By Mary O’KEEFE
In local elementary schools a common and fun exercise is the egg drop. This is when students are asked to engineer a container that will protect an egg when it is dropped from a high altitude. The experiment is a great family project that has kids using their imagination as they design their protective lander but also teaches them science and engineering.
Well, that basic “what if” principle kids learn in elementary school can be used in the future.
“We have joked about the egg drop experience,” said Lou Giersch, Jet Propulsion Laboratory (JPL) project manager for the Simplified High Impact Energy Landing Device (SHIELD).
JPL is always looking for new and inventive ways of exploring the universe including how to land on the surface of planets.
“The big picture is [that] we are trying to reduce the costs of landing on Mars,” Giersch said.
NASA has touched down on Mars nine times relying on a variety of landings including a crane system in which the spacecraft slowed through the use of parachutes as it approached the surface. A rover was then lowered onto the planet’s surface before the cables were cut and the landing craft flew off. NASA has also used giant balloon type landings, as with the twin rovers Opportunity and Spirit.
Giersch said NASA/JPL have landing systems that work well but they are now looking at how to cut costs of the landings.
“We want to get the cost down [by] 10%,” he said. “A big part of that is simplifying the design.”
So it is looking at an accordion-like collapsible base that acts like the crumple zone of a car and absorbs the energy of a hard impact, according to JPL.
“We are coming in really fast and smacking into the ground,” Giersch said.
A big challenge of the crash landing is the type of surface that will be landed on. Landing areas could range from sandy to rocky to having large patches of ice. So NASA is experimenting landing on steel plates.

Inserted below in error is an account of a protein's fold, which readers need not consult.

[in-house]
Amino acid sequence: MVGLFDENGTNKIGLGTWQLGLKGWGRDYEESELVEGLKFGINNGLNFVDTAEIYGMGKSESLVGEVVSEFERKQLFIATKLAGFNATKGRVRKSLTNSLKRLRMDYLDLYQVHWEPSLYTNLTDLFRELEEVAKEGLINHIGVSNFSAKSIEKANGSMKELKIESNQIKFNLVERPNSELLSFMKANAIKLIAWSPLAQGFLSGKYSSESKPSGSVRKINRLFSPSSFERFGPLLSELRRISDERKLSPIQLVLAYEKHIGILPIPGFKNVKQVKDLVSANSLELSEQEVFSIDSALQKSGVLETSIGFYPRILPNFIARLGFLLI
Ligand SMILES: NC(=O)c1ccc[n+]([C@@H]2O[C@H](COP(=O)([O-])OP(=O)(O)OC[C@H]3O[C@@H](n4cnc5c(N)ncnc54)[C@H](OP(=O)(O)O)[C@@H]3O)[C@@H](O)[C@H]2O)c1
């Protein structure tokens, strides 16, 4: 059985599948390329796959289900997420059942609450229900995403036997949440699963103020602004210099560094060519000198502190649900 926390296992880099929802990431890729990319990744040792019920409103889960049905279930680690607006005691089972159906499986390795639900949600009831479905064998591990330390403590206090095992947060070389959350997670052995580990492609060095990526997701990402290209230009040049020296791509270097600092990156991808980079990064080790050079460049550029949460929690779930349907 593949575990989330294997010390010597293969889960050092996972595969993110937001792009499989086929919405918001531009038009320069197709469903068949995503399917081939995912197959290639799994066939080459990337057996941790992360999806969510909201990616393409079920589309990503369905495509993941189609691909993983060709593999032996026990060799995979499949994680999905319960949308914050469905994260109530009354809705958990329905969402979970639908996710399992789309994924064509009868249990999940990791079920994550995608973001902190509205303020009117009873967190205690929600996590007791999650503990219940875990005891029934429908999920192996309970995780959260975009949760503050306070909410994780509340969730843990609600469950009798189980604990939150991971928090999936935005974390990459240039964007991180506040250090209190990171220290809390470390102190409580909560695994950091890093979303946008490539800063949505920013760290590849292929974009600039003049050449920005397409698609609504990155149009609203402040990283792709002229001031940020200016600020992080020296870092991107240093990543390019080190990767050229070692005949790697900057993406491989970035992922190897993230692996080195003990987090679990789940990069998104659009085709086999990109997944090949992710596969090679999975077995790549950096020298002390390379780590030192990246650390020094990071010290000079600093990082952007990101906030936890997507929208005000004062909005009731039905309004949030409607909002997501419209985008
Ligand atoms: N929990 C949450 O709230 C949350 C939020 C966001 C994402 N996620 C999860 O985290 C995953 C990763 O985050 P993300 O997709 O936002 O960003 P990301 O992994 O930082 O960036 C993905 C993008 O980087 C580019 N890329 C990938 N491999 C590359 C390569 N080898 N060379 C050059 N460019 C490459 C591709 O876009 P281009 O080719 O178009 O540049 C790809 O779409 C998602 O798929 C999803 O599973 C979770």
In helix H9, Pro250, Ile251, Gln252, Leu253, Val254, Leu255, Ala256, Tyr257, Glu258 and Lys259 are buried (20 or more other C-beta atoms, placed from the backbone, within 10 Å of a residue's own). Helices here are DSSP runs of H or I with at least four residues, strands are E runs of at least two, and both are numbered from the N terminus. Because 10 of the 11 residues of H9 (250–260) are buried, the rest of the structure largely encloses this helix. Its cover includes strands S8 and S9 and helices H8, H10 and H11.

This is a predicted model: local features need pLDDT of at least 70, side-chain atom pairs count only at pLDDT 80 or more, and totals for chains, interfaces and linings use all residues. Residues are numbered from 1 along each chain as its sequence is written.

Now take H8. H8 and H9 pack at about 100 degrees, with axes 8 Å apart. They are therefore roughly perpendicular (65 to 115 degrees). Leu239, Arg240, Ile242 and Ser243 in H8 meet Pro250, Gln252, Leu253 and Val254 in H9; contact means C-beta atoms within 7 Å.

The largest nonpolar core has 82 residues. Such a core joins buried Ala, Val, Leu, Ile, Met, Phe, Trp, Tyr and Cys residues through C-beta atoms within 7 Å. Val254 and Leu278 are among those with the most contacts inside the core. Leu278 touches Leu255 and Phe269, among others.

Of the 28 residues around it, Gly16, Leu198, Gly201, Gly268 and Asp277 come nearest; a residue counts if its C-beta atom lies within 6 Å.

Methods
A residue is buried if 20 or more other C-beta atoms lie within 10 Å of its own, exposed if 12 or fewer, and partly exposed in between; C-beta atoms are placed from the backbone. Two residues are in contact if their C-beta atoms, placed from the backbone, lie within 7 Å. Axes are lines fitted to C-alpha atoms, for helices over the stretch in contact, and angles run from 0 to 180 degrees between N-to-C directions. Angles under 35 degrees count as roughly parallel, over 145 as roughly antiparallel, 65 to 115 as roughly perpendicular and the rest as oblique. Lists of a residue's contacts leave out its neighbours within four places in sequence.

“Hitting those big steel plates is our worst case boundaries conditions [which is why] we use these big steel assemblies,” he said.
The team tested the full size prototype of SHIELD’s collapsible attenuator, an inverted pyramid of metal rings that absorb impact.
Team members hung the lander on a grapple and inserted a smart phone, a radio and an accelerometer to simulate the electronics a spacecraft would carry.
Upon opening the prototype and retrieving the simulated electronic payload, the team found the onboard devices, including the smart phone, survived.
Not only would this new design reduce costs but it would also open more opportunity for landing sites.
“We think we could go to more treacherous areas where we wouldn’t want to risk trying to place a billion dollar rover with our current landing systems,” stated Giersch in a NASA/JPL release. “Maybe we could even land several of these at different difficult-to-access locations to build a network.”
The inspiration for this concept actually came from another Mars mission, the
Mars Sample Return. Samples from Mars’ surface have and are being collected on Mars by the current rover Perseverance. Those samples are being placed in metal tubes and will be picked up by a future spacecraft brought back to Earth where they will crash land in a deserted location.
Giersch said while watching these tests the team thought, “If we could do that on Earth, why not Mars?”
And so controlled crash landings may be a thing of the future – not only on Mars but other planets as well.